In his last week’s GigaOm article, Mathew Ingram argues the case for the “digital first” approach for traditional media outlets in order to weather the disruption brought on by the technology and the ongoing restructuring that has resulted in cutbacks and other turmoil in the many already struggling newspapers (The New Orleans’ Times-Picayune comes to mind).
The Journal Register Co.’s second bankruptcy filing in September, Ingram notes, is seen by some industry insiders as proof that “digital first” approach isn’t working, mainly because its parent company, Digital First Media, was a pioneer of sorts in implementing digital initiatives such as a community newsroom and Web-focused news reporting.
However, going digital may not be what has caused the company troubles, one of the main trouble was getting loan with high interest rates and now they can’t pay back, is always recommended to look for the right loaners, like the check into cash memphis. Ingram writes:
To some, the financial failure of the chain looks like a failure of the entire digital-first philosophy, despite the fact that Digital First CEO John Paton has explained the Journal-Register’s troubles are based more on legacy costs such as printing contracts and pension obligations for past employees. […]
This kind of attitude shows a profound misunderstanding of where the newspaper industry is, and how it needs to move forward. Like virtually every other mainstream paper and magazine publisher — many of whom are likely fighting desperately to stave off a similar filing — the Journal Register’s biggest problem is that while its print business is still producing the lion’s share of its revenue, that figure is shrinking rapidly. And even though most executives in the industry seem to appreciate that digital has to come first, the revenue from that business isn’t picking up the slack. This is the ‘digital pennies for analog dimes’ problem.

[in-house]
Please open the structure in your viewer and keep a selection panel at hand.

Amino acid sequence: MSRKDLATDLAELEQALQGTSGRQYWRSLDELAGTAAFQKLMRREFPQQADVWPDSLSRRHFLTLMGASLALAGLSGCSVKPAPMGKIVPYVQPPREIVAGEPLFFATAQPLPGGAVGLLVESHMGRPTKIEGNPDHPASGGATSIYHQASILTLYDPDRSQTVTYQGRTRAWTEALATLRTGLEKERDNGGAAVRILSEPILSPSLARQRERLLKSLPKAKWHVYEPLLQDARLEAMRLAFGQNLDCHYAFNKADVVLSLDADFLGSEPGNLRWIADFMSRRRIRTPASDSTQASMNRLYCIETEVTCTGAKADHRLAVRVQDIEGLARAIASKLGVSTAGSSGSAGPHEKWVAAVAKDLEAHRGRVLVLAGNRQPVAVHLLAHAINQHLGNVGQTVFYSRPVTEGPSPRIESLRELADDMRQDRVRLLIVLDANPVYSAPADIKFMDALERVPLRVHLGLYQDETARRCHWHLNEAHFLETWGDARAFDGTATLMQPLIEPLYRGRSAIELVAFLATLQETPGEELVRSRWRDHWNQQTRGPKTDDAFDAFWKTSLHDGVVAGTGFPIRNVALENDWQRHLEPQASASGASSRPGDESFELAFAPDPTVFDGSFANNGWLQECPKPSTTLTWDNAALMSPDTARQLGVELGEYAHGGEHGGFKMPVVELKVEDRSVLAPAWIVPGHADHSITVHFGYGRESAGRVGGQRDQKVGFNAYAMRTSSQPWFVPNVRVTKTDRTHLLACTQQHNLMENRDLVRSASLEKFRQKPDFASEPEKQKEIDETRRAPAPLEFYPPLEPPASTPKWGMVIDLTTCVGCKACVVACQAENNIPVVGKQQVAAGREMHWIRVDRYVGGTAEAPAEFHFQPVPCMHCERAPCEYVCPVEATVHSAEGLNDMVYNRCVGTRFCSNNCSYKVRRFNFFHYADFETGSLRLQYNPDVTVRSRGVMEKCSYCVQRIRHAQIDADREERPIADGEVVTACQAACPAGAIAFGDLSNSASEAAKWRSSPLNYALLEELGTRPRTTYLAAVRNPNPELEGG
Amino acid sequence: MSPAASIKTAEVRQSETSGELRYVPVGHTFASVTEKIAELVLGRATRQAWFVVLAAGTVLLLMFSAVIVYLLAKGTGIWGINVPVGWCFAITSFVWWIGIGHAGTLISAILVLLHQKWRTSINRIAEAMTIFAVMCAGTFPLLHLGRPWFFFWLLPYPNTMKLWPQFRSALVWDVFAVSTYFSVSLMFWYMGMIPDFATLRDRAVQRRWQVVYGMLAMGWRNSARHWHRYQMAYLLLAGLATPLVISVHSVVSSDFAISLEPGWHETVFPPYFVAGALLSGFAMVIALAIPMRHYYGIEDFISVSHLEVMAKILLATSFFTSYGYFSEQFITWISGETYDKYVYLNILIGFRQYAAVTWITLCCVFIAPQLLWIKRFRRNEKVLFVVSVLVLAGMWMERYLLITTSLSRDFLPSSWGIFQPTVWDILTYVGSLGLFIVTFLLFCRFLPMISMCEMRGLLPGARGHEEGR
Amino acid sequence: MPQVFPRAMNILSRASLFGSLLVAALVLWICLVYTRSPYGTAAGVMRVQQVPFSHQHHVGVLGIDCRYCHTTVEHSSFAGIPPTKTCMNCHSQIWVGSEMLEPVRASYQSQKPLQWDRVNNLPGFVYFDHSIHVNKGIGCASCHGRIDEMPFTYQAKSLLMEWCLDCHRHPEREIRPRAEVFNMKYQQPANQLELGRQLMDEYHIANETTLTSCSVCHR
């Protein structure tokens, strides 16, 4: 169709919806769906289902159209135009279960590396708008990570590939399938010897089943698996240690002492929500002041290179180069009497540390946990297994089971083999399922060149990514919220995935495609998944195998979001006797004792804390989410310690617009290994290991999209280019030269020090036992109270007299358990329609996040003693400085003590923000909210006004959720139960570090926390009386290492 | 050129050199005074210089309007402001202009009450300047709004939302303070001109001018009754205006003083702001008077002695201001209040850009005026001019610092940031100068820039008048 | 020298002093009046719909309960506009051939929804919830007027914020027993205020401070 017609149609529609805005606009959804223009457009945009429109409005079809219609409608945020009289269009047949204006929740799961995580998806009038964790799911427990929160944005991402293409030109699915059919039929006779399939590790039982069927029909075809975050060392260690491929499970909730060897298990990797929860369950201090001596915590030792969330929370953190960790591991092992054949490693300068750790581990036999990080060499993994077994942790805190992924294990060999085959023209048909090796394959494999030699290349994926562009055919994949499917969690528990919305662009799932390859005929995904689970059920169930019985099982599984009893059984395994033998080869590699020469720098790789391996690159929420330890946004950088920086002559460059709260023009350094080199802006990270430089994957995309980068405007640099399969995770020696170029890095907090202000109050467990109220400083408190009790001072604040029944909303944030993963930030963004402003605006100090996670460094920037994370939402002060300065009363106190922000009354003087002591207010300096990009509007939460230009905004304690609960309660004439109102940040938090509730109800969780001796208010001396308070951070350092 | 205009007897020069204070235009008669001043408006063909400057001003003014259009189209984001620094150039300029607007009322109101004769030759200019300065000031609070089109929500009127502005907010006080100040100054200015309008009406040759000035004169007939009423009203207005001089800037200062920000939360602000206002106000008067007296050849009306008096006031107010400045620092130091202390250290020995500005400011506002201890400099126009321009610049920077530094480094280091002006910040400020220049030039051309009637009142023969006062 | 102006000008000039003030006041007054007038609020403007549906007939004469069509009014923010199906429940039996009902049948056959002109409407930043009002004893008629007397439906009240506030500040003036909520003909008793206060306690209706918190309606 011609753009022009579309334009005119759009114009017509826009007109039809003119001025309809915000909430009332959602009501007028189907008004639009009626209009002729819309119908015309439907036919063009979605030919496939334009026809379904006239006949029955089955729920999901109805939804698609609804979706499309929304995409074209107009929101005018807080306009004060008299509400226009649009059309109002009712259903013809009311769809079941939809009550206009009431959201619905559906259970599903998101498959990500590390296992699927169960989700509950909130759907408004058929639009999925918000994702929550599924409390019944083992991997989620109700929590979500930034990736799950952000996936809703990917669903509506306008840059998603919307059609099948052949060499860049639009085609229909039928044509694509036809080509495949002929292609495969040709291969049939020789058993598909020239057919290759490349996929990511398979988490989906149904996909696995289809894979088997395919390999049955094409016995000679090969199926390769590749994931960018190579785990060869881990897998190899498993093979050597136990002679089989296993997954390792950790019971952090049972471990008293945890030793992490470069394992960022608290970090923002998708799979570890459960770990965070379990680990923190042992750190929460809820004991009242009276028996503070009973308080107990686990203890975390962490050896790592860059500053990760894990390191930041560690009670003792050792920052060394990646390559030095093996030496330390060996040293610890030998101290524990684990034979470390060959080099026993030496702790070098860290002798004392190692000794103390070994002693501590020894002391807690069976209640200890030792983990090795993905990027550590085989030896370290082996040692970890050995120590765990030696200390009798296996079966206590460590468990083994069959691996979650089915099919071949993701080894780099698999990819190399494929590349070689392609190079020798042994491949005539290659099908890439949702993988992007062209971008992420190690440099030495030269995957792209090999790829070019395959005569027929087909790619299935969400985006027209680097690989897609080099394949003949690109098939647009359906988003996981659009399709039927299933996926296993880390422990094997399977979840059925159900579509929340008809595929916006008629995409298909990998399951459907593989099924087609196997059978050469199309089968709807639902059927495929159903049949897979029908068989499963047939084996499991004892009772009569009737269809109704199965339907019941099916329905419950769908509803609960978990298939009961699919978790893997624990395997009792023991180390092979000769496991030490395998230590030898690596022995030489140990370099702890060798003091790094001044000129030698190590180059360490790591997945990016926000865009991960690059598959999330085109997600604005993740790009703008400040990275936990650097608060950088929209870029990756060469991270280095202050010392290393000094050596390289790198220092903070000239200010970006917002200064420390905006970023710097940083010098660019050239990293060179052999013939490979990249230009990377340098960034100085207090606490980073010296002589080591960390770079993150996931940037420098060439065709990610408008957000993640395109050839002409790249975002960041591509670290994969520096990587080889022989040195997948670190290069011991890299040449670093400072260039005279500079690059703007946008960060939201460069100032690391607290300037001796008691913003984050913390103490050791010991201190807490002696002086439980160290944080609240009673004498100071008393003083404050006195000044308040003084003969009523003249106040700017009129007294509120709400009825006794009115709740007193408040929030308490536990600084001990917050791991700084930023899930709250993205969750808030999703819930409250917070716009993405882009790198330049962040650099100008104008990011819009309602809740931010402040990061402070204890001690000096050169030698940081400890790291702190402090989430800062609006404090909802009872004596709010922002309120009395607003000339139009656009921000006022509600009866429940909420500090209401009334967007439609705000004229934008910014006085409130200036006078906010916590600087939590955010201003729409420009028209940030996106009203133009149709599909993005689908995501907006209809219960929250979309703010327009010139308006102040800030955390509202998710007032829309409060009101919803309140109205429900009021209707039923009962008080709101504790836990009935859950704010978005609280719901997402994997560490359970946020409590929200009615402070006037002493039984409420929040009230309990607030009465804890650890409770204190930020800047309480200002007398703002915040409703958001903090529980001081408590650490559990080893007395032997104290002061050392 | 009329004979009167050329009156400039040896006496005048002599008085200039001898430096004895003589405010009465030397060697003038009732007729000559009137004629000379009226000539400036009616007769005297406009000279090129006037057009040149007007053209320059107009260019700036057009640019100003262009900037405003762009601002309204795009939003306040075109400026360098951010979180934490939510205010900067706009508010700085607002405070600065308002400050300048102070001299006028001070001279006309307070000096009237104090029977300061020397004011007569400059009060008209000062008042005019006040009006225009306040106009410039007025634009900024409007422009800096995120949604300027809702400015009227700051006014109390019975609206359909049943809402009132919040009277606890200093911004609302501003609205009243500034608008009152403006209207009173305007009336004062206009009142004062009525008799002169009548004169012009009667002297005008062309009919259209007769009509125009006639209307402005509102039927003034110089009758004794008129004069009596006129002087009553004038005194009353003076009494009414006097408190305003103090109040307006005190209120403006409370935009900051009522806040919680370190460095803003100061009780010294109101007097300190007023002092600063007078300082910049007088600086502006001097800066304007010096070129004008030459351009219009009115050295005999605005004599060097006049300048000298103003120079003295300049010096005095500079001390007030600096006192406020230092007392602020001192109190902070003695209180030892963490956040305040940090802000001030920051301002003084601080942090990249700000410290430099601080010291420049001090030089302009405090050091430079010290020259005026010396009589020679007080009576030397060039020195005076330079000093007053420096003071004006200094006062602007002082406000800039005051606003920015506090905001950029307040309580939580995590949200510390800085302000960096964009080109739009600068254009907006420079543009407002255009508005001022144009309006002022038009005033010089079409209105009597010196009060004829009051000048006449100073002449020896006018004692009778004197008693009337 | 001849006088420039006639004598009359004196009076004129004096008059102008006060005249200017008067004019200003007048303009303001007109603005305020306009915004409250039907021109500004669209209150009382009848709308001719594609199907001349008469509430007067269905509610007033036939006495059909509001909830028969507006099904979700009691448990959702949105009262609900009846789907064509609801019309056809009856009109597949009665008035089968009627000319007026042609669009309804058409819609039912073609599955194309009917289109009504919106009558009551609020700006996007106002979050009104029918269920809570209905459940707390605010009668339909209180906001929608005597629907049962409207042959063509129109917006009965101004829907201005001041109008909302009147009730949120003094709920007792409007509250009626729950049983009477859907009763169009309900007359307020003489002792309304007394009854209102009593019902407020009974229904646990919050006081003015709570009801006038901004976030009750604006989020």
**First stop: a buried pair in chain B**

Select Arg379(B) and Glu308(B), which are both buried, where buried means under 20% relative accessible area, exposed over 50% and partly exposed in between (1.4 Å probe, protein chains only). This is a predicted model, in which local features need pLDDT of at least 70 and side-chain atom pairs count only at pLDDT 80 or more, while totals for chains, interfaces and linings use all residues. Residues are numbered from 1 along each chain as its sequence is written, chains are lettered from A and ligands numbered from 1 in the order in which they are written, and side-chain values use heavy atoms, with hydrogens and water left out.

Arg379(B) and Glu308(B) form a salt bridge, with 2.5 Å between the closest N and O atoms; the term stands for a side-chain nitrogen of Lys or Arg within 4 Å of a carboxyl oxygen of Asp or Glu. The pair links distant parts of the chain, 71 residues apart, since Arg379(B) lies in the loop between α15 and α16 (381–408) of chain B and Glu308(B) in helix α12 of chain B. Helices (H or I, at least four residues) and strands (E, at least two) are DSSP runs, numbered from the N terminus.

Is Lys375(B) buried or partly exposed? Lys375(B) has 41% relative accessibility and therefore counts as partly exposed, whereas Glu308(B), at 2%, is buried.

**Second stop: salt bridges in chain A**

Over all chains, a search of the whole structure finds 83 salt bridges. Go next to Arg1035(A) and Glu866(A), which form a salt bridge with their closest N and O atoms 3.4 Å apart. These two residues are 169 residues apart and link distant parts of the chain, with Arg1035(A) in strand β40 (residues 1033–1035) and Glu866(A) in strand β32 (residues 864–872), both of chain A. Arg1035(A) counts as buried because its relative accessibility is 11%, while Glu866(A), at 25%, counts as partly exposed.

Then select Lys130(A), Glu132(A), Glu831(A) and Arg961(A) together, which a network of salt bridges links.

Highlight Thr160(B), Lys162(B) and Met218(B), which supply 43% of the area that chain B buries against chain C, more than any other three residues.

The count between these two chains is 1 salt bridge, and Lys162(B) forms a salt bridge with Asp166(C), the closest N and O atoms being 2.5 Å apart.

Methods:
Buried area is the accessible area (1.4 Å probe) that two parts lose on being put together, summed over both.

So, on one side, we have media titans like David G. Bradley, the owner of Atlantic Media, who spent years and millions building The Atlantic brand and whose company launched digital-only business news entity called Quartz on September 24. With its tablet-first focus, the startup apparently will structure its reporting style around patterns and trends, not traditional beats.
On the other side of the spectrum, Ingram writes, there are media outlets like The Orange County Register, whose new publisher, Aaron Kushner, plans to increase print circulation, install a paywall, and even — rare these days, in this industry — hire more staff to implement his print-focus plan.
Meanwhile, the debate continues over whether advertising-driven digital media is destined to be a low-quality, volume-driven game […] and whether newspapers should focus on building subscription-based businesses instead, as the New York Times and the Financial Times are both doing. My sense is that only a few global brands (and possibly some hyper-local ones) will be able to get away with a fully subscription-powered approach, but the reality is that we simply don’t know where success lies.
What we do know (or at least should by now) is that it is long past time to stop debating whether the media industry needs to be ‘digital first.’
Very true: Content is a commodity that’s difficult to monetize, but recognizing that different models exist to support this commodity in its many forms, and that some may work in tandem and complement each other, mix-and-match-style, is probably the only sensible way for the publishing world — and newspapers in particular — to deal with the current tides of disruption.